Even though some organizations have been known to exaggerate claims when promoting an upcoming event, Director of Communications, Nancy Grandin is right on the money when she said the organization’s Oct. 15 Centennial Celebration will be a “once in a hundred years kind of event.”
In honor of its 100th year, the historical society is inviting the public to attend a birthday bonanza jam-packed with historic skits, demonstrations, an array of food and a seemingly endless range of activities for visitors of every age.
The festivities will begin at 11 a.m. with the deafening blast of 3-pound naval deck gun. Revolutionary war re-enactor Mark Brady will fire the cannon at the top of the hour throughout the day and in between firings, he will teach attendees about other antique firearms. Brady will also hold a tomahawk throwing demonstration.
Although there’s no specific centerpiece of the day’s events, according to Grandin, the First Annual Simsbury Chili Cook-Off is sure to be a crowd favorite. For $5, visitors can purchase a spoon in order to taste and judge a variety of chilies from local restaurants. The cook-off will take place from 12 to 2 p.m.
Visitors to the Centennial Celebration will have the opportunity to take a step back in time and see what a town meeting was like in colonial Simsbury. Actors will take part in a series of skits discussing a range of issues pertinent to the townsfolk of the Simsbury of yore. Visitors are encouraged to participate in the debate.
“Even if you’re late to the celebration, there’s no reason to worry,” Grandin said. “Nearly all of the events are going to reoccur throughout the day, so you can take your time at each one, or even see one of them again if you want to.”
For the occasion, Simsbury artist Pam Albertsen has created a drawing of the famed Pinchot sycamore (the tallest tree in the state, named after the first chief of the United States Forest Service, Simsbury native, Gifford Pinchot). Visitors are invited to dip their thumbs in ink, pick a bare branch and place a leaf on the tree.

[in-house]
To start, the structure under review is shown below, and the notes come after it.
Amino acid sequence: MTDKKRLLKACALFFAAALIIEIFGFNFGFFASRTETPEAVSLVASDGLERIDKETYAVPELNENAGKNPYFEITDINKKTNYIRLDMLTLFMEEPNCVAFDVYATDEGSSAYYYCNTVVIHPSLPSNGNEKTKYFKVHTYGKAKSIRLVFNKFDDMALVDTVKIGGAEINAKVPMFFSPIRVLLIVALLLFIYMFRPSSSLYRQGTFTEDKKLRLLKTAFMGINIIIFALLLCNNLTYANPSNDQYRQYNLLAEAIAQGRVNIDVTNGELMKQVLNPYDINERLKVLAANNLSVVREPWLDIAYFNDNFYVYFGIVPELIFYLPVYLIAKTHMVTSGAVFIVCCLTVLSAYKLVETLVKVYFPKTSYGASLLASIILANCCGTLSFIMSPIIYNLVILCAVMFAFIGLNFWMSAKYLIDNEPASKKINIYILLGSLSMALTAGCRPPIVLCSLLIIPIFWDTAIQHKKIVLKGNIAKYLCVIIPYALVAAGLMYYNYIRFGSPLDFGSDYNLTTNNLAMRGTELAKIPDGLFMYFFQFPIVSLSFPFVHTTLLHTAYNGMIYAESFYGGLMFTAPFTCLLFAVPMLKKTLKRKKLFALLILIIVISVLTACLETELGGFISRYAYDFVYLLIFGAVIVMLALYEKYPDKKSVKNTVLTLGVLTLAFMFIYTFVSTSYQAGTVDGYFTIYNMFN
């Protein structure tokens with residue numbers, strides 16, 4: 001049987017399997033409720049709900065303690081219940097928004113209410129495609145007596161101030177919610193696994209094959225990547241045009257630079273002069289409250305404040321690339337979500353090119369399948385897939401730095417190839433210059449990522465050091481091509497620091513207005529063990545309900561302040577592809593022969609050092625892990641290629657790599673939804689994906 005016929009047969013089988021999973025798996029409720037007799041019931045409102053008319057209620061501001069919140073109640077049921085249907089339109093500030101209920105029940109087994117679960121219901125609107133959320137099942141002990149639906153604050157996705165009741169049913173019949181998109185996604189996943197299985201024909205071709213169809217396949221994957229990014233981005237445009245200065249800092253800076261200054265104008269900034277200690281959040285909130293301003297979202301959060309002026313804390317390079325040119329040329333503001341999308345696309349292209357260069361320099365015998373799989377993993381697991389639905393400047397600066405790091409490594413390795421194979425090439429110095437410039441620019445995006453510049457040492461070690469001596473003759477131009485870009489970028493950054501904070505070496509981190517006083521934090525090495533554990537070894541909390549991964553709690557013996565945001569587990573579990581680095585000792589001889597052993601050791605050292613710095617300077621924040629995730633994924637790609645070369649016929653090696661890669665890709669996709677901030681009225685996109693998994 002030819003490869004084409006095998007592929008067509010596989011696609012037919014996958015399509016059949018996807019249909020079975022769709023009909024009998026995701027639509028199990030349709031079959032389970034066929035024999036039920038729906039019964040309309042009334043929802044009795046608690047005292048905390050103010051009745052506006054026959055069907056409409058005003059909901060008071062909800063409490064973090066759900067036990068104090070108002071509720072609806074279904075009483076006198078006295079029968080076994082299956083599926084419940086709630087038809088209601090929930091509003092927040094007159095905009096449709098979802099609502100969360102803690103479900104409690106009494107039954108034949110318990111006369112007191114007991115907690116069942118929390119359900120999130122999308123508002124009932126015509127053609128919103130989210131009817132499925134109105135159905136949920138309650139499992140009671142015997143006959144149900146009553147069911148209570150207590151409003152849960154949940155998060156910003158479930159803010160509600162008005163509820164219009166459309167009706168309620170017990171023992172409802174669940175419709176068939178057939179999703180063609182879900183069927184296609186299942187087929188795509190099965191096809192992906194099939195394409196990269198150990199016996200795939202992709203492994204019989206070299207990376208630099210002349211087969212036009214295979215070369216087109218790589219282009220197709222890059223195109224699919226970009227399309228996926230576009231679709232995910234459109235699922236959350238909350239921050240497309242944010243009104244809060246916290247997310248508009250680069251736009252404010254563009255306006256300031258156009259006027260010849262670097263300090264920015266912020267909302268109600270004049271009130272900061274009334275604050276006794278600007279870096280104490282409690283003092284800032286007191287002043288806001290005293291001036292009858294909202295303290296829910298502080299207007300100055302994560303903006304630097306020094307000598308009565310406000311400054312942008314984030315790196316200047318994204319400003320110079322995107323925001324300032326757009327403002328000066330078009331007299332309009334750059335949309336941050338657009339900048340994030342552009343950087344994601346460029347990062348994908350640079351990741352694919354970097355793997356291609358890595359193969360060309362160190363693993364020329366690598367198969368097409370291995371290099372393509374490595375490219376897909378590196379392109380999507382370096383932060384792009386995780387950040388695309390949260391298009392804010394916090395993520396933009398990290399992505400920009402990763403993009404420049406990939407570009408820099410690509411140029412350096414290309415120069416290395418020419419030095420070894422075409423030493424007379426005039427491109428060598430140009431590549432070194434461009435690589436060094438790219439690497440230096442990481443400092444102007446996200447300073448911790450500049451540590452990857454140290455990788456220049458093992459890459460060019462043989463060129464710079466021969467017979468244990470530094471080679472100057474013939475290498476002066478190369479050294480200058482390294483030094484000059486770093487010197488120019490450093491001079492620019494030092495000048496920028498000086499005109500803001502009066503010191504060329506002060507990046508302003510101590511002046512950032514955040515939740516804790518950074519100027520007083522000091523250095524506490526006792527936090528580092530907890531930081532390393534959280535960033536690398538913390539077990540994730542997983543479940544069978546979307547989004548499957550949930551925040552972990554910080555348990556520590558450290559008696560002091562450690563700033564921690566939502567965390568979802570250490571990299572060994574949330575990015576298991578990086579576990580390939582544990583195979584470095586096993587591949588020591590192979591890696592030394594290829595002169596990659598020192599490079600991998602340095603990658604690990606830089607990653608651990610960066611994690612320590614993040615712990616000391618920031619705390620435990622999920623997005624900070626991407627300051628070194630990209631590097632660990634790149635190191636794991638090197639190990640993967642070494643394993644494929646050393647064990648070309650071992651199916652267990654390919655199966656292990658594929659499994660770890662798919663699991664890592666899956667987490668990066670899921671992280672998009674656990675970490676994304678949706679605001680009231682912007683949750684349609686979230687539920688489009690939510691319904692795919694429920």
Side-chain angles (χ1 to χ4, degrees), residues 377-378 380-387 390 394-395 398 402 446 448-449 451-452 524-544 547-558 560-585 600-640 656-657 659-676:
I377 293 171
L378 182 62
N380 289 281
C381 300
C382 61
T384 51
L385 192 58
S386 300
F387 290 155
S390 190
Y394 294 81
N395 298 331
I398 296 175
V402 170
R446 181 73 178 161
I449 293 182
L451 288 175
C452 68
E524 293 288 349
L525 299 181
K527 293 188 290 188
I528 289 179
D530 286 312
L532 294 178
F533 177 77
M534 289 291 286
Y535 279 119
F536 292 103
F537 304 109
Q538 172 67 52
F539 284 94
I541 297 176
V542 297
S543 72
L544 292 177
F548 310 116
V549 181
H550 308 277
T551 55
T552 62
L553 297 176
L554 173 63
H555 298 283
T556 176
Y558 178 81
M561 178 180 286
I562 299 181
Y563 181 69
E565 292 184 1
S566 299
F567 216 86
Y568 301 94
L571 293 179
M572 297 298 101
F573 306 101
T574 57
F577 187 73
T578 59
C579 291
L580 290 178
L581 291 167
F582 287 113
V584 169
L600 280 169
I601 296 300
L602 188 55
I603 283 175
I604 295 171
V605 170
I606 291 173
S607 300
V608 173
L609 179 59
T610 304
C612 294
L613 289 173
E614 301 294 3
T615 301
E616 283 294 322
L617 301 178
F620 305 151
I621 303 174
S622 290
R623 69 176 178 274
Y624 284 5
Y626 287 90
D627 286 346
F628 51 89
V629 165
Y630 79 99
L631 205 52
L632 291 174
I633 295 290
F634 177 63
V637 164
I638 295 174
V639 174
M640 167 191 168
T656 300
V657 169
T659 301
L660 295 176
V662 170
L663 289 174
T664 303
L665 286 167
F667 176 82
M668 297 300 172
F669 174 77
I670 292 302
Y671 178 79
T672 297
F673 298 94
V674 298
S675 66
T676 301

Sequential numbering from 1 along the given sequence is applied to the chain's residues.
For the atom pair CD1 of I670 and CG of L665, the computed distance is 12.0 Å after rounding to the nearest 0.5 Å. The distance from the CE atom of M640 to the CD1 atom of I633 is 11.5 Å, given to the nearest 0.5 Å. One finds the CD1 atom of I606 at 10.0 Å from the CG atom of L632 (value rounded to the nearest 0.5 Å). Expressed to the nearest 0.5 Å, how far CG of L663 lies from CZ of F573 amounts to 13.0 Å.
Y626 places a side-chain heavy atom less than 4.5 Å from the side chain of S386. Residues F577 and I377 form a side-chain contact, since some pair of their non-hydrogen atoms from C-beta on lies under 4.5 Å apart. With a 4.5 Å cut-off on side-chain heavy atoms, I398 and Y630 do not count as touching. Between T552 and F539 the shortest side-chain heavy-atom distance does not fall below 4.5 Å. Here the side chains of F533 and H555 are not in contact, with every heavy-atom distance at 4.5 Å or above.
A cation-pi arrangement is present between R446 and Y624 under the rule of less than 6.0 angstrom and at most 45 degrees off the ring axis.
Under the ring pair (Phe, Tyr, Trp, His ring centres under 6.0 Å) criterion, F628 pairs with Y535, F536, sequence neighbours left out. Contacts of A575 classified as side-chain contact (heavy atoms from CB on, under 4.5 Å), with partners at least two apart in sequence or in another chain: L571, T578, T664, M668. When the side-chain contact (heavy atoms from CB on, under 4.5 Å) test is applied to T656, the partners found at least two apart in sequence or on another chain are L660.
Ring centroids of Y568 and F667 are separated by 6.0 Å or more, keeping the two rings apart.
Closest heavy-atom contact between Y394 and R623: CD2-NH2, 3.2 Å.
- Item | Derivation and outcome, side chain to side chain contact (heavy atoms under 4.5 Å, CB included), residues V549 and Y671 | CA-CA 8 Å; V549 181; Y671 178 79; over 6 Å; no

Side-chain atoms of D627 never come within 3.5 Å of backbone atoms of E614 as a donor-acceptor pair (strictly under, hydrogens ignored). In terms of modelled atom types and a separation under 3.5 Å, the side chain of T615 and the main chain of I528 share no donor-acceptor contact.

No birthday party would be complete without cake and ice cream, so several local bakeries including Cupcakes, , , and Stop & Shop donated cakes and Store in West Simsbury donated ice cream for the event. Both the cake and ice cream will be free.
Birthday cake won’t be the only confection on hand either. Organizers have invited local churches and synagogues to enter their best chefs in a juried bake-off competition. Two versions of each confection will be made; one for the judges and one which will be available for purchase.
Vendors selling food and crafts, musicians, kids games, face painting and demonstrations on hobbies like herb gardening and weaving will be scattered throughout the historical society’s campus. A campus that Ieke Scully, vice president of the historical society’s board of directors, said, they are lucky to have.
“We’ve been very fortunate to have a number of very generous benefactors in our past,” Scully said. “Whereas most historical society’s just have one building, we have nine here, so it’s a bit more like Sturbridge Village or Colonial Williamsburg than your average historical society.”
From, a demonstration on how reading and writing were taught in the 17th and 18th centuries, to an appearance of the famed Simsbury Witch, Debby Griffen, to games, raffles and countless other activities, visitors will have no problem keeping busy during the “once-in-a-hundred-years“ celebration.
The Simsbury Historical Society’s Centennial Celebration will take place on Oct. 15 from 11 a.m. to 4:30 p.m. Admission is free. For any question, please call 869-658- 2500 or e-mail firstname.lastname@example.org. The rain date is Oct 16.